The headline information with this story was corrected on Sept. 21. An explanation follows the story.
A federal appellate court struck down a lower court’s decision to require advocacy groups to disclose who funds their election campaigns and sent the case back to that court.
Rep. Christopher Van Hollen Jr. (D-Dist. 8) of Kensington called the decision by the U.S. Court of Appeals in Washington, D.C., on Tuesday a blow against transparency in the funding of political campaigns.
The appellate court reinstated a Federal Election Commission regulation that makes the disclosure requirements in federal election law meaningless, Van Hollen said.
A lower court ruled earlier this year in Van Hollen’s favor that advocacy groups had to disclose their donors, but opponents of campaign finance disclosure appealed to the Court of Appeals.
As a result of the massive influx of dollars from special-interest groups, television and radio airwaves have been flooded with ads paid for by anonymous contributors, Van Hollen said.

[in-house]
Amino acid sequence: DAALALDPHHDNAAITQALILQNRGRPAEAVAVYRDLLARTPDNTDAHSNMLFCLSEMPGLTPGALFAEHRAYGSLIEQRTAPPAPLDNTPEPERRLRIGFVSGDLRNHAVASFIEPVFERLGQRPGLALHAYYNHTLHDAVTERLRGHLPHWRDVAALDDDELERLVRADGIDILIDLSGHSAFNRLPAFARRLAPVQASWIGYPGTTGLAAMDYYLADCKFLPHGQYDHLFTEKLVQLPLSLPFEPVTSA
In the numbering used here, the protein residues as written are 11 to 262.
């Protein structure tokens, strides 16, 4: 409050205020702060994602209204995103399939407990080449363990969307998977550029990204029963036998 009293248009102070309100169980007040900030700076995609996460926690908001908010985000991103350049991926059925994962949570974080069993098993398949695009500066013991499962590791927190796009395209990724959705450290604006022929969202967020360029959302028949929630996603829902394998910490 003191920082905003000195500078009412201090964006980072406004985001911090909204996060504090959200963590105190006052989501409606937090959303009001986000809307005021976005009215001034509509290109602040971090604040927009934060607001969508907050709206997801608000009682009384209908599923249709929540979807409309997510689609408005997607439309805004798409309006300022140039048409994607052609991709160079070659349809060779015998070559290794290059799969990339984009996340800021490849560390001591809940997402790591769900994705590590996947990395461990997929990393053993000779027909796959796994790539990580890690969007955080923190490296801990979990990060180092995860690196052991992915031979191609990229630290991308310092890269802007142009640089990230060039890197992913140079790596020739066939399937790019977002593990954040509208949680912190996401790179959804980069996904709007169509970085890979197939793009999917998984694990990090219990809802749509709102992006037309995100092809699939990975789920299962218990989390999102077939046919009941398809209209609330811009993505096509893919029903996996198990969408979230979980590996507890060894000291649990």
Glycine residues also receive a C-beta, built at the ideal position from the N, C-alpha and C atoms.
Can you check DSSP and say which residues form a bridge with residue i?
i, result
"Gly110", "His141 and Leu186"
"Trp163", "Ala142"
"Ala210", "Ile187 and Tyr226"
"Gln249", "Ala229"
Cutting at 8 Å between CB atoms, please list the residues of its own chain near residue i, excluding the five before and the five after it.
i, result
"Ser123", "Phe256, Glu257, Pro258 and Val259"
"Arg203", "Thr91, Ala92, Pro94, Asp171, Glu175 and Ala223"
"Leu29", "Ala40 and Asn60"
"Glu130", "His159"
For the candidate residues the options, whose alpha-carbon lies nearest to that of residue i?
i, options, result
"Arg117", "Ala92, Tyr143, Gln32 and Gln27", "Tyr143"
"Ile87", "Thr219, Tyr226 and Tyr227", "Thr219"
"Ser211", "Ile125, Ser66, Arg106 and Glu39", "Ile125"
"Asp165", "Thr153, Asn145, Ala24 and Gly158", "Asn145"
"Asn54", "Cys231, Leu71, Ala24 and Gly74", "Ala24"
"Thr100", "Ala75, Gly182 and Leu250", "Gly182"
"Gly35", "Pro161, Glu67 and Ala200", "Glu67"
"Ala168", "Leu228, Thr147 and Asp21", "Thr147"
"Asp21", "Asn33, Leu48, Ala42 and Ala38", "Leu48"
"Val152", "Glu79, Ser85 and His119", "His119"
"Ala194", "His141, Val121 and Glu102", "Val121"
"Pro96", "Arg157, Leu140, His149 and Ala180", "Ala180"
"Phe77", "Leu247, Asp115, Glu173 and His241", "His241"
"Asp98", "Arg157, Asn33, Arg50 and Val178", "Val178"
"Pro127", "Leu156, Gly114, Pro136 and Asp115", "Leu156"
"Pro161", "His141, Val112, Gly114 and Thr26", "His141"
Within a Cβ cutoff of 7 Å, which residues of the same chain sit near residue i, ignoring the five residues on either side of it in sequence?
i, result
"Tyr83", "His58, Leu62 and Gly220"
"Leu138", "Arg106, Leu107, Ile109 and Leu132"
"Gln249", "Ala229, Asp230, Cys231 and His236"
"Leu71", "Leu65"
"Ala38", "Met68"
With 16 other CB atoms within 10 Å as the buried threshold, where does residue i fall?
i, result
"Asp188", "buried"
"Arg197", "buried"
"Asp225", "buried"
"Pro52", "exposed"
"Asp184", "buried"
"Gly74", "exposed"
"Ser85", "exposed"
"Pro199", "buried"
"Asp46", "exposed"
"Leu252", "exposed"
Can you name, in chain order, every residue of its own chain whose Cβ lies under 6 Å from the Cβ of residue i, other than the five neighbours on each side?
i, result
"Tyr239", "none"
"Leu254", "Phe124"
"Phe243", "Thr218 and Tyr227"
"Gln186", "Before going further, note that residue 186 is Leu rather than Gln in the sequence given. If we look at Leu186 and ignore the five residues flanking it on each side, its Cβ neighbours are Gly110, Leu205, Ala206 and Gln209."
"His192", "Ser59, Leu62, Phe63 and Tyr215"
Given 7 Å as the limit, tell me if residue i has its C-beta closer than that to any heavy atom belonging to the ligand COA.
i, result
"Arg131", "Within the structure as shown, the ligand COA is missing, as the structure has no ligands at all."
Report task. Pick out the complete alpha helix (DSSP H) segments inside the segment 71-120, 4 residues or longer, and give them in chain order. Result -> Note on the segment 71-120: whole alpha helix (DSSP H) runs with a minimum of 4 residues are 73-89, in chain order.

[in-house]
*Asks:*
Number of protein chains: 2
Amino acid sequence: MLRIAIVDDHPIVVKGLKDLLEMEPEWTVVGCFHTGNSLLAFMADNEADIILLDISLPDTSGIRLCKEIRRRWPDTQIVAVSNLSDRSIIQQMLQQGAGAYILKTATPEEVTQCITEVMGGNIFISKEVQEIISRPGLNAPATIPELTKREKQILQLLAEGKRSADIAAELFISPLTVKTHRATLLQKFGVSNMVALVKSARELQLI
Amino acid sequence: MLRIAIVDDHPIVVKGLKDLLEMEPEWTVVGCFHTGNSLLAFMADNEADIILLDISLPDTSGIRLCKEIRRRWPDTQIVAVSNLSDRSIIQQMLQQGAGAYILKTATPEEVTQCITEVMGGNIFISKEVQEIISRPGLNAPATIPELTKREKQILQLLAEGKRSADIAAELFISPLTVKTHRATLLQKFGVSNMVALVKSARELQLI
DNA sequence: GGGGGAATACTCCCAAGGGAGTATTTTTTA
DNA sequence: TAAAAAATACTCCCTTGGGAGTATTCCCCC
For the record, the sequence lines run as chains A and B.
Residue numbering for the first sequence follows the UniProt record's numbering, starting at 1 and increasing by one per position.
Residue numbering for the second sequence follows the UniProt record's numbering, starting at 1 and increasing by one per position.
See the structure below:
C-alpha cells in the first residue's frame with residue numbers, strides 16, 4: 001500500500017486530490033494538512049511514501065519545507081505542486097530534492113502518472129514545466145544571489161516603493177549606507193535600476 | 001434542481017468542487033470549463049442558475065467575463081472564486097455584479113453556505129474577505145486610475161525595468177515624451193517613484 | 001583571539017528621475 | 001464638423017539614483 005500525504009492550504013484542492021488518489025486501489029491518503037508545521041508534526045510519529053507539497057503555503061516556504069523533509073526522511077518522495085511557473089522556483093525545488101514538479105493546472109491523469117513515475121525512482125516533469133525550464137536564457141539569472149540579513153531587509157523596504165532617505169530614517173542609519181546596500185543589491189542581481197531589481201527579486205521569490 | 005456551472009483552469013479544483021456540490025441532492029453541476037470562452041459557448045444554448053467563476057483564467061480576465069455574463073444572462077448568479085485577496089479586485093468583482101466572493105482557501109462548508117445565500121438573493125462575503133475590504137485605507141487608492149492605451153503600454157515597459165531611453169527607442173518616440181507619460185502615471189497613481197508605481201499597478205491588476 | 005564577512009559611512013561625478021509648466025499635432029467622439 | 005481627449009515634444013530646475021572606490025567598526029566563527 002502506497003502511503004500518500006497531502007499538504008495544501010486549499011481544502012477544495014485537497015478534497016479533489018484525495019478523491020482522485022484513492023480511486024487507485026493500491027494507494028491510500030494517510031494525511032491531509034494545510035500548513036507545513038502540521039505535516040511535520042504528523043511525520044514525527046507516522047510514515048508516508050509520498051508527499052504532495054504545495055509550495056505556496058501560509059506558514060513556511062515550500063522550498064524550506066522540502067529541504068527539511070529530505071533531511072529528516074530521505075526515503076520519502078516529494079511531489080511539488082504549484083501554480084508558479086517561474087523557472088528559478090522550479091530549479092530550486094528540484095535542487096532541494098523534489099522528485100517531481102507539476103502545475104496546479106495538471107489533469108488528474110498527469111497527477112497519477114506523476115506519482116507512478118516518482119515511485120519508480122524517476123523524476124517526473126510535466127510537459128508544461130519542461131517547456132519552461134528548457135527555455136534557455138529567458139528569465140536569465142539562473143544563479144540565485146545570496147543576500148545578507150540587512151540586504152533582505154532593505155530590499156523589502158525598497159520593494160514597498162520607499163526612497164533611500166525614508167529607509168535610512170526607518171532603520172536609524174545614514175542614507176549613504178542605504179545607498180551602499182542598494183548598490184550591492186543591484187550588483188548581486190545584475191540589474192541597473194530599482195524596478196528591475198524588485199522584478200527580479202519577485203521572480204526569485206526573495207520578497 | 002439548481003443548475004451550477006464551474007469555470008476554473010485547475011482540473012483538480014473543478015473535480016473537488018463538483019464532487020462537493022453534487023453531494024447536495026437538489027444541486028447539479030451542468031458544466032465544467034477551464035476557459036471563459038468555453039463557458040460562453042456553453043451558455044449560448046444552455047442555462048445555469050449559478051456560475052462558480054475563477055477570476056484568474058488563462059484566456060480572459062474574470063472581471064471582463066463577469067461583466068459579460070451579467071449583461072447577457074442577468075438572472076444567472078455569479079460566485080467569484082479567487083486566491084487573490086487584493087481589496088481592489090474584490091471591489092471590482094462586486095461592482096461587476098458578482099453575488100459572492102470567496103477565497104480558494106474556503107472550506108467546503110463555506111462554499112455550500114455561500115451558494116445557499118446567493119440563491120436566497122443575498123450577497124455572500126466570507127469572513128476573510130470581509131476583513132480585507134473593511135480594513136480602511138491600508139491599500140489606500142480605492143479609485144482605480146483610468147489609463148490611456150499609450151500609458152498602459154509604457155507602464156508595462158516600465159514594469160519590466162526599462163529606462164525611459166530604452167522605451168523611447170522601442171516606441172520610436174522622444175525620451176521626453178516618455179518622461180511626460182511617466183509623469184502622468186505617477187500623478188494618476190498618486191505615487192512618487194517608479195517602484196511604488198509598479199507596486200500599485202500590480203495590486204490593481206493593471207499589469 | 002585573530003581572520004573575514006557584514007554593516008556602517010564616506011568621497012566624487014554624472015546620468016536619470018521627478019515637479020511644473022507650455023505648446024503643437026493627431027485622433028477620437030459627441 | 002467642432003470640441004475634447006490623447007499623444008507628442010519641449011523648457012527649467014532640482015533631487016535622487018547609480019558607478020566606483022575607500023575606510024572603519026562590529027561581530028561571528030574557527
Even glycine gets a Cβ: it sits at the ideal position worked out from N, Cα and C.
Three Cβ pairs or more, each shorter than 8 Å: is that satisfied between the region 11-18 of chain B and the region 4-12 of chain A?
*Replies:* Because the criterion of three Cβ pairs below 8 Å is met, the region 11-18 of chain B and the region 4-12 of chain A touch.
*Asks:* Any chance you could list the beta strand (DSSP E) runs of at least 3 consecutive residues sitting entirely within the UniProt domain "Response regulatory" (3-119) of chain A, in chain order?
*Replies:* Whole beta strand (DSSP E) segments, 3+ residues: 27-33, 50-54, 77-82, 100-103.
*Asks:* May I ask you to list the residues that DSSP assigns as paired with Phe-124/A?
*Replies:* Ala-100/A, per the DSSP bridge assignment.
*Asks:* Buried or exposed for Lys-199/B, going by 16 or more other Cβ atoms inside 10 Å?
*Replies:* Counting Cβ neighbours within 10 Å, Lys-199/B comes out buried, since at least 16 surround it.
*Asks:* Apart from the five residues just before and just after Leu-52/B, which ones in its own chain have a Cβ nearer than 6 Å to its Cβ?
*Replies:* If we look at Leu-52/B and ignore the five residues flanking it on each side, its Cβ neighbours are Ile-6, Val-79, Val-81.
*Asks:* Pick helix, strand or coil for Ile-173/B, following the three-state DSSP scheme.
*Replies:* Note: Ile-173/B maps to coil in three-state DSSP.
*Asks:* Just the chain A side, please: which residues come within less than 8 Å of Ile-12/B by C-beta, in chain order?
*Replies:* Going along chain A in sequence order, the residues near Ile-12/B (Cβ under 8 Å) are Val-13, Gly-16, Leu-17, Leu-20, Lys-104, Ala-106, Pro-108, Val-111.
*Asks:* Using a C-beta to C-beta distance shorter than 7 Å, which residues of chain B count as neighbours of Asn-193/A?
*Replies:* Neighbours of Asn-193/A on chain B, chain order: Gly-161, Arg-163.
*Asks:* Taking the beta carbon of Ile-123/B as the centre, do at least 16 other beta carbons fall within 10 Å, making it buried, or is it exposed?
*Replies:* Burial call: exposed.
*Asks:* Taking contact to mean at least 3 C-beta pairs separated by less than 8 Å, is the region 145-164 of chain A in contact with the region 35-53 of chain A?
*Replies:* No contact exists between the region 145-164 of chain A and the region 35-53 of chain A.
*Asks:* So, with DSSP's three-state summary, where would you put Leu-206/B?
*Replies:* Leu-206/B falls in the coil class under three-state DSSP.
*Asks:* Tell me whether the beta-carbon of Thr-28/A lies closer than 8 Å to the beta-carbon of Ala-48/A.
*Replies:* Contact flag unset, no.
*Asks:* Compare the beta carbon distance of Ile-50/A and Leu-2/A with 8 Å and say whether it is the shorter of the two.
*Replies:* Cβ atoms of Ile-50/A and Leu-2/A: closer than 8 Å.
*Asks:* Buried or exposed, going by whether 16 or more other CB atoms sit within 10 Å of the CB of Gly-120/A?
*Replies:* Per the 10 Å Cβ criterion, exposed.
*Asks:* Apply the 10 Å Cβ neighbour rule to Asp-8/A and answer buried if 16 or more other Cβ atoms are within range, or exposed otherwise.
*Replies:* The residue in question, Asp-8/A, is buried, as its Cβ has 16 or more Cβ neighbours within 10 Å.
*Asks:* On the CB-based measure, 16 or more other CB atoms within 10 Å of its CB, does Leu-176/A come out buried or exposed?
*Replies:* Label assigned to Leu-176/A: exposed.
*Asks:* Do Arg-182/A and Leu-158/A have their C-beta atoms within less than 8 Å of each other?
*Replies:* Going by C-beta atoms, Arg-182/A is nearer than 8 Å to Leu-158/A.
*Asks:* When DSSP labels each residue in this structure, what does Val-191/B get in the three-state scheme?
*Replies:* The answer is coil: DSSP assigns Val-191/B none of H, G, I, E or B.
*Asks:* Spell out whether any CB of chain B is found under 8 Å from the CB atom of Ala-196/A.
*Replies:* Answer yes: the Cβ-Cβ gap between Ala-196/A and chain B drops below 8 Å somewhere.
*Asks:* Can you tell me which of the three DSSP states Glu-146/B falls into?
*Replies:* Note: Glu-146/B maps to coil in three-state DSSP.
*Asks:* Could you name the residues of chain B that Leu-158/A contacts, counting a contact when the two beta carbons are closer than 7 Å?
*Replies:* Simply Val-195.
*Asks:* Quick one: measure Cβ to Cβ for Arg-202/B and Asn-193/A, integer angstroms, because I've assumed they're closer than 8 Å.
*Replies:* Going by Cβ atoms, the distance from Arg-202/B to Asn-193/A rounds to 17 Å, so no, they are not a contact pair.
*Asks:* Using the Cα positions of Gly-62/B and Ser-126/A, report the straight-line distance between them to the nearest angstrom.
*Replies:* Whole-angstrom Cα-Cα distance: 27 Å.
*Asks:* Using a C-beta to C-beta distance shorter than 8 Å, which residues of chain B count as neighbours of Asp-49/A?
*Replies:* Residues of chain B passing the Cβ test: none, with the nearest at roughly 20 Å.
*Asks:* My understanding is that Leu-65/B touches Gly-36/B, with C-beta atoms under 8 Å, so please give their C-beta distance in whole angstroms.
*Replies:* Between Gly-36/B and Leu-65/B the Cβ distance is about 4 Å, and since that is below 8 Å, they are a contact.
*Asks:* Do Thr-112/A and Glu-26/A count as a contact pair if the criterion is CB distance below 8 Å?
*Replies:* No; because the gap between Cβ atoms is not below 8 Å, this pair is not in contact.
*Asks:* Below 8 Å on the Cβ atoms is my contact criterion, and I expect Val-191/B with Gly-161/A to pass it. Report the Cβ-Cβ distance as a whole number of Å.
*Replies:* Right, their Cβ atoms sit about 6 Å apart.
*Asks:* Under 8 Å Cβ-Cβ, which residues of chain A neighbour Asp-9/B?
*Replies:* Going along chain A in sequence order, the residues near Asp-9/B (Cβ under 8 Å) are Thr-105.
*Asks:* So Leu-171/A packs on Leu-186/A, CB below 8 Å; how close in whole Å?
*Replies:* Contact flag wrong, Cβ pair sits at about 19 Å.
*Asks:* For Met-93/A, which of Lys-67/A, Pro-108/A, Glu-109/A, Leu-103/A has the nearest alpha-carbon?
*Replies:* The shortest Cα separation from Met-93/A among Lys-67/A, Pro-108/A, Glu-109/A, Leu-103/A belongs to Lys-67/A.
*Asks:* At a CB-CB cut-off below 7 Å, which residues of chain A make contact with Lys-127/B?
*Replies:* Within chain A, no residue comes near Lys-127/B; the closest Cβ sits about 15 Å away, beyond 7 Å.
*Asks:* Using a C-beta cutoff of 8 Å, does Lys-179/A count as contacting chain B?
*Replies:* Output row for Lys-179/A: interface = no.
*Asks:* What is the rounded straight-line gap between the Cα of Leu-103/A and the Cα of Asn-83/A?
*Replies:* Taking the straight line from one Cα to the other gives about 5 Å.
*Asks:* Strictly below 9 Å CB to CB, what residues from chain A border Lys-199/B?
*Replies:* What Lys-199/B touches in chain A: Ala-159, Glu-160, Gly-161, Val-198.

“The Court of Appeals decision … will keep the American people, for the time being, in the dark about who is attempting to influence their vote with secret money,” Van Hollen said.
The appellate court sent the case back to the lower court for review while the FEC decides whether to issue a new regulation.
The earlier lower court ruling reinstated the 2003 FEC regulations that required full disclosure of donors underwriting the advertisements for nonprofit advocacy groups. In 2007, the FEC issued new rules, allowing the donors to remain secret.
While super political action committees have been required to disclose their donors, tax-exempt groups, such as the U.S. Chamber of Commerce, have not been. That has attracted donors who want to influence political campaigns but don’t want the publicity, campaign finance reform advocates said.
Correction: Christopher Van Hollen Jr. is a representative, not a delegate.